My name is Ruth, and I blog at The Facetious Farang. I’m from Calgary in Western Canada, and I currently live waaay out in the suburbs of steamy Bangkok, Thailand.
1. Why did you move abroad?
My husband and I both love travelling, and we’d always wanted to live abroad. When I was finishing my master’s thesis, we made a deal: once I graduated, we’d move to the first country that offered one of us a decent job. As graduation loomed, I was still trying to figure out what I wanted to do with my life, while he had a career as a high school teacher. Needless to say, he got the job offer, and here we are in Thailand.
2. How do you make a living?
I did a bit of soul searching once we moved to Bangkok, and decided to pursue a freelance writing career. Navigating the Bangkok writing world has been a strange and interesting journey, but the longer I pursue it, the more opportunities I receive. I write for a local expat publication, edit advertisements for non-Native English speaking clients, blog, and contribute to travel forums. In addition to this, I also substitute teach and tutor at my husband’s international school – I enjoy the students and the flexibility, and it provides some extra cash.
3. How often do you communicate with home and how?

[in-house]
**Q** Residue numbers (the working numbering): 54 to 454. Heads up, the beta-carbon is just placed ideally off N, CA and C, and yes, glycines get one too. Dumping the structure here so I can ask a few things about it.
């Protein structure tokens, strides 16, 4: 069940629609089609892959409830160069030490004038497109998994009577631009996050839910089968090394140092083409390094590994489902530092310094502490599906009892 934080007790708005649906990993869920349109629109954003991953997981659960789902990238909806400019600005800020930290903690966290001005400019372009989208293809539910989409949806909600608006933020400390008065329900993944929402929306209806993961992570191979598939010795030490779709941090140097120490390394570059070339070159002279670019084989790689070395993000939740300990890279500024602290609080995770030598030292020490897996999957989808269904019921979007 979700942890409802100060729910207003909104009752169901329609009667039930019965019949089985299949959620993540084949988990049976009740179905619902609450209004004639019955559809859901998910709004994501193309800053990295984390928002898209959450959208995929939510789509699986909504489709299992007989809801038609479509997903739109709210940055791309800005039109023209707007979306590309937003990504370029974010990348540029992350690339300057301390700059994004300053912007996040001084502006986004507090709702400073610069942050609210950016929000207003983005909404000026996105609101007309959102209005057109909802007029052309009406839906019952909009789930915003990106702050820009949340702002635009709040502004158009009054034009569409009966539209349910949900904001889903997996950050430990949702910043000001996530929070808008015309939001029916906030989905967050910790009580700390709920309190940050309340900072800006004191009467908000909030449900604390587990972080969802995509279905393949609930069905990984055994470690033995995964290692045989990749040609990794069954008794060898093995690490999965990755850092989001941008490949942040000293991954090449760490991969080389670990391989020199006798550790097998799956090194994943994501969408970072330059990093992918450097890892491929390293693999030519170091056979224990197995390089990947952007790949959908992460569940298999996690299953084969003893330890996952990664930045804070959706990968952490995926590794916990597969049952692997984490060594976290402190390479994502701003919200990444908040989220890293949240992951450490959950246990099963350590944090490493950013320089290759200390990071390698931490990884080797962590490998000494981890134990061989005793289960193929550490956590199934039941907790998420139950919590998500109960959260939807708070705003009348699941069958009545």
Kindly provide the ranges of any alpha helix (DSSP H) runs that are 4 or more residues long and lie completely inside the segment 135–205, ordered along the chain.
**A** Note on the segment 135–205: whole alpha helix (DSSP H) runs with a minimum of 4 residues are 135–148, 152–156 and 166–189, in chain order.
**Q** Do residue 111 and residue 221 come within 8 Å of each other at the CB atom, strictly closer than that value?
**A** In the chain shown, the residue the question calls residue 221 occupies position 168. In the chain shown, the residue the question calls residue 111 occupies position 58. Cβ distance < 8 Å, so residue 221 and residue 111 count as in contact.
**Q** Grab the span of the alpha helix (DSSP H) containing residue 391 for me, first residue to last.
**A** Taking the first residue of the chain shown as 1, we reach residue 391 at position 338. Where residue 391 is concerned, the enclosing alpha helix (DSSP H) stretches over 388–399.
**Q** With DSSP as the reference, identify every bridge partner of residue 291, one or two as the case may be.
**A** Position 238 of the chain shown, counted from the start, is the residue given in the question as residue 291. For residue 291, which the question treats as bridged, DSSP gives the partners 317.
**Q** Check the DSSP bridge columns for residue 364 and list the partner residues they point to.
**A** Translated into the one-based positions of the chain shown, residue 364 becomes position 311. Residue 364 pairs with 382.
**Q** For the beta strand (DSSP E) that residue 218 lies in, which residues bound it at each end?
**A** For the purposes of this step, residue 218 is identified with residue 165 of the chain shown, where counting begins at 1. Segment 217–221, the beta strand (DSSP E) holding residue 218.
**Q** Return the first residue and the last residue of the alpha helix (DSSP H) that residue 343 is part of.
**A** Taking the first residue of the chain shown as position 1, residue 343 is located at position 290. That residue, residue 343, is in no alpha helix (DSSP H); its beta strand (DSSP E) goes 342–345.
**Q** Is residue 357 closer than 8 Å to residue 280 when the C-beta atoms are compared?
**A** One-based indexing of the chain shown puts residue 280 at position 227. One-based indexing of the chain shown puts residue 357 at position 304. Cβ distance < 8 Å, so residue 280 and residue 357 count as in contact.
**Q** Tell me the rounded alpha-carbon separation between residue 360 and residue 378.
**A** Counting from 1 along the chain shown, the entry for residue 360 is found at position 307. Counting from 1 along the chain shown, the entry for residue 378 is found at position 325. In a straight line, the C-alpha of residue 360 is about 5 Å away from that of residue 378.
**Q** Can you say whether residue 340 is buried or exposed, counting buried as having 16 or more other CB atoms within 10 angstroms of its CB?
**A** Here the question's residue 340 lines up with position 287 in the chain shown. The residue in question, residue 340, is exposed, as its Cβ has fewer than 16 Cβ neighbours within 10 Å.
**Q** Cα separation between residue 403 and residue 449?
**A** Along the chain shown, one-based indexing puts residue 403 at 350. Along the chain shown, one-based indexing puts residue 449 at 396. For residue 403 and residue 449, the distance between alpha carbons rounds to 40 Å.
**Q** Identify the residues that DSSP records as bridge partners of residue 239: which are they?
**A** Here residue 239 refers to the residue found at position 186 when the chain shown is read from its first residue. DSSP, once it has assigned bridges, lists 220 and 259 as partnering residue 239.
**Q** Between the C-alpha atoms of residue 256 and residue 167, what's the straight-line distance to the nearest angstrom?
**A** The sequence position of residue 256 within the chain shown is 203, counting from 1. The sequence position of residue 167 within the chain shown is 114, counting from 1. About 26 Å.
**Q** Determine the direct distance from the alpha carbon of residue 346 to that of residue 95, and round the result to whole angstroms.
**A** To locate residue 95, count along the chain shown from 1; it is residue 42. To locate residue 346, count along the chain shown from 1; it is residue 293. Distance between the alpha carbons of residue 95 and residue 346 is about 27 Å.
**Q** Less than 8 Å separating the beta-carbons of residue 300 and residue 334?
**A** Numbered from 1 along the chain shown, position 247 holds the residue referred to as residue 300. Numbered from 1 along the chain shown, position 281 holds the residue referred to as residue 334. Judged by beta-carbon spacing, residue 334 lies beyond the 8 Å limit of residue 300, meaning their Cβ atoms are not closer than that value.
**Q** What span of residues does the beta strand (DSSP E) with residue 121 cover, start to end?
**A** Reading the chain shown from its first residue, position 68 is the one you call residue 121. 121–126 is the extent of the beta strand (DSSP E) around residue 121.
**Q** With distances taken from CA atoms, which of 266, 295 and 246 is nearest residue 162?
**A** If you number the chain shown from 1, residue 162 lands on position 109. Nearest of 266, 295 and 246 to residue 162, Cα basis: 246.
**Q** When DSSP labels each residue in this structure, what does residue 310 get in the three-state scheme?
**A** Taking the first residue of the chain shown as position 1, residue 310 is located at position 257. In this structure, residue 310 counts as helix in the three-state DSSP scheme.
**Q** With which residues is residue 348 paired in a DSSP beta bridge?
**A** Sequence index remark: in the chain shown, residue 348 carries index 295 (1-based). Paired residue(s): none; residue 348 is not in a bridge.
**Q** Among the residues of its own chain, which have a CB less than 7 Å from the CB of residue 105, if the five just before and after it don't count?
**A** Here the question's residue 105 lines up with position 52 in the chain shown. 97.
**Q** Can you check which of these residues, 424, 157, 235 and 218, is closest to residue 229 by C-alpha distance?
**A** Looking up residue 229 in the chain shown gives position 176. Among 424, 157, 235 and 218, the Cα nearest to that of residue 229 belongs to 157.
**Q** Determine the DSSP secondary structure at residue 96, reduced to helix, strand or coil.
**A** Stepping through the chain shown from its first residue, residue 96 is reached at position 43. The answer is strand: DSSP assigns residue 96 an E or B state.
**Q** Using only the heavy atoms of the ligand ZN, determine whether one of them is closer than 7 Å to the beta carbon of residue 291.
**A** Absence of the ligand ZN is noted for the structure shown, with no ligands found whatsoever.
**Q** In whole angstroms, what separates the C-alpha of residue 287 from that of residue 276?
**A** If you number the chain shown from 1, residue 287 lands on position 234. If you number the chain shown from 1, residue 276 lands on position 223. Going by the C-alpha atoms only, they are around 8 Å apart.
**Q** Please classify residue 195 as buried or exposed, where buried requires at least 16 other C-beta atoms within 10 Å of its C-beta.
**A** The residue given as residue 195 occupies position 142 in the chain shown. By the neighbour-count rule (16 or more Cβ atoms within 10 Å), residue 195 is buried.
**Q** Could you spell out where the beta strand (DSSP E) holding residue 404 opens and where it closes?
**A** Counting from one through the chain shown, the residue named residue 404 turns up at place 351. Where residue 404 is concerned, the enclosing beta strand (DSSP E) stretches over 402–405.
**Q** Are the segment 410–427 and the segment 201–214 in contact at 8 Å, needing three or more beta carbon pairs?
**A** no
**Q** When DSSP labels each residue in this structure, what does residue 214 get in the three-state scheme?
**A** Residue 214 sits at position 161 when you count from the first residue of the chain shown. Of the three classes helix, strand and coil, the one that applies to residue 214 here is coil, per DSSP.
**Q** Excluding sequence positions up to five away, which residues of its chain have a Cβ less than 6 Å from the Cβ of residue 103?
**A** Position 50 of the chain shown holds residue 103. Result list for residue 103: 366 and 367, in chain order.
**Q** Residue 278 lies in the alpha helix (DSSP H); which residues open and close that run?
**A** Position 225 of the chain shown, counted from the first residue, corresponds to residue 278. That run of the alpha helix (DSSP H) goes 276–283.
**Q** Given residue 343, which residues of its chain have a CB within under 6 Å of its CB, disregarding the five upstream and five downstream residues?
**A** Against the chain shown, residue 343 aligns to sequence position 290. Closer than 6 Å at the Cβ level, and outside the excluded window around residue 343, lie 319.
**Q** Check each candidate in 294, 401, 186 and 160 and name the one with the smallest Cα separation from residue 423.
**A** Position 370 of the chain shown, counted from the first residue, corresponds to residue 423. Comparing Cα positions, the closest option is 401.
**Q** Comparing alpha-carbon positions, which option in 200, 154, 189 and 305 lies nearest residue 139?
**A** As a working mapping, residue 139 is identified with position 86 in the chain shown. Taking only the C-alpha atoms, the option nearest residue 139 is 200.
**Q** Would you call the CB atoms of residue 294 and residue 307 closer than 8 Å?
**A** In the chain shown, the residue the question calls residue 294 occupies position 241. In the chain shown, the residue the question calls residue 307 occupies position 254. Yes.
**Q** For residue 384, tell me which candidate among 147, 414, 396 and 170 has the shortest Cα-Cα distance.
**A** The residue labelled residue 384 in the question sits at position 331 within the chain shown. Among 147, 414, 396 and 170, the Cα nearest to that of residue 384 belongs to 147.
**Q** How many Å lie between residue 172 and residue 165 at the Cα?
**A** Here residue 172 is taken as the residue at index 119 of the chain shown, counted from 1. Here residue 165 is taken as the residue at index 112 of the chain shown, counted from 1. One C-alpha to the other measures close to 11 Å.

I *try* to phone both sets of parents once a week, but it doesn’t always happen! I speak with close friends less often – once a month is more typical. I use email and facebook every day – they’re nice for quick check-ins. I’ve found that maintaining a blog is helpful: I don’t have to repeat the same stories multiple times. Hmmm… that sounds a little anti-social! When you’re trying to stay in touch with people at home and also spend time with friends in your new home, though, it doesn’t hurt to streamline things a little!
4. What's your favorite thing about being an expat in Thailand?
The food! I confess that I am an enthusiastic eater, and Thailand does so many culinary things so well. I’m ashamed to even contemplate the sheer volume of coconut cream that I’ve consumed since we moved here, but it must be in the gallons. When I’m maxed out on coconut/MSG/sugar, it’s easy to shop at local markets, or grab Som Tam or a smoothie. You really can’t go wrong.